Thanks, Ian Bremmer
Thanks, Ian Bremmer
On 3 September 2015, China celebrated the 70th anniversary of the end of World War II with a fairly stunning display of its military might, parading hundreds armoured fighting vehicles and some 12,000 troops from the normally secretive People’s Liberation Army through Tiananmen Square in Beijing. Many of these vehicles had never appeared in public and a notable theme — one that to many eyes came as a big surprise — was the Army’s use of dramatic ‘digital’ camouflage patterns. The Chinese pageant featured columns of military vehicles covered in pixelated squares, some in shades of green and khaki, others in outlandish schemes of blue, white and black.
The pattern, which resembles the blocky graphics from the computer game Minecraft, is a stark contrast to traditional variegated “organic” camo designs that militaries have employed since the 19th Century — schemes that use blotches of complementary colours to mimic foliage and other natural features. The boldly pixelated camo, which despite some initial reluctance has seen increasing use by military forces around the world, seems counterintuitive; nothing in nature is so rigidly shaped. But it does work, and its vastly improved performance even came as a surprise to the man — a US Army officer — credited with developing it 40 years ago.
“Well when I looked at the data I think my observation was something on the order of ‘holy crap’,” recalled now-retired Lieutenant Colonel Timothy R O’Neill, PhD, when we asked him about early tests of the camo.
In the late 1970s O’Neill suggested to the US Army that square blocks of colour would disguise an armoured fighting vehicle better than large blotches. His idea was to build a pattern that would work no matter how far the vehicle is from the observer. Large patterns work well at long distances, and small patterns are better at close range. But patterns made from small squares, or pixels, can be painted to mimic both. Close up, the small patches mimic natural patterns on the scale of leaves on a tree, but from farther away, the clusters of squares create a macro texture that blends with branches, trees and shadows…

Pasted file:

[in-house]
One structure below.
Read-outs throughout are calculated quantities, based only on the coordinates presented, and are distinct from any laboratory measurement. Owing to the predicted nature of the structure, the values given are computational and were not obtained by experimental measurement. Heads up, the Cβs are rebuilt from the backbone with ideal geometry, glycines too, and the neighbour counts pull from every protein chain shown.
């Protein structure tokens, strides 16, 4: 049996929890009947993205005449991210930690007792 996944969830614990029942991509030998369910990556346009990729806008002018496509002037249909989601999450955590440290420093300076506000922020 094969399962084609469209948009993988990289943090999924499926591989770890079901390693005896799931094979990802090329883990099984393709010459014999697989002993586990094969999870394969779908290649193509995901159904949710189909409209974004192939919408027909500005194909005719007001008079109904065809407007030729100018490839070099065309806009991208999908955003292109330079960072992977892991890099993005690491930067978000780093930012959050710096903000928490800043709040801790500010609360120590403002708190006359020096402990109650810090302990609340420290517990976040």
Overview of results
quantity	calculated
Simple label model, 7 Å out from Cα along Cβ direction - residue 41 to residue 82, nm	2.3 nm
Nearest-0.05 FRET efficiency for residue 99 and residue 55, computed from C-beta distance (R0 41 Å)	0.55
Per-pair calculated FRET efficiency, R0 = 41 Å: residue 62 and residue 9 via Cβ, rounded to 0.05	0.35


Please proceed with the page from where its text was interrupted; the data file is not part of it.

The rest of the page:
The experiment exceeded expectations, but it took a long time for digital camouflage to catch on…“It really should have come to fruition in the late 70s,” says Guy Cramer, the President and CEO of the fantastically named HyperStealth Biotechnology Corp. He is one of the leading designers of modern camouflage…
“…testing continued to show that digital was actually working better, but still you got the armchair quarterbacks, and people who don’t know about camouflage jumping to the assumption that it can’t work, it shouldn’t work, and so it doesn’t work…”
But the low-tech solution of coloured squares, developed in the 1970s, still remains the simplest and most effective form of camo. Both O’Neill and Cramer continue to work on refining it, and we can still see — or should that be not see — vehicles based on the same principles in use today.
Yup. Why pay attention to reality when it conflicts with your beliefs, eh? Obviously, some people, some armies do.
❝ Peabody Energy Corporation…is asking a bankruptcy judge to let it pay up to $12 million in bonuses to the coal-mining company’s top executives.
Peabody president and CEO Glenn Kellow and five other executives are in line for the bonuses…
Peabody, which is asking Judge Barry Schermer to approve the payments, says the bonuses are warranted in light of the fact that the success of its restructuring requires “extraordinary efforts” from its leaders…
❝ Peabody says the two executive bonus plans it is putting forward are in line with the bankruptcy code. One plan would pay bonuses this year and next if Peabody meets profitability and safety-improvement goals. Bonuses would be triggered under another plan depending on when Peabody emerges from bankruptcy and would be tied to the financial performance of its U.S. and Australian divisions, cash flow targets and the extent of the work it does to reclaim the land it mines.
All tasks expected from any mining company. Unless it’s run by greedy thugs.
Remember, you should be able to do this in software if you’re on a desktop computer. I used Preview > rotate left, twice. Yes, I deliberately chose Left. 🙂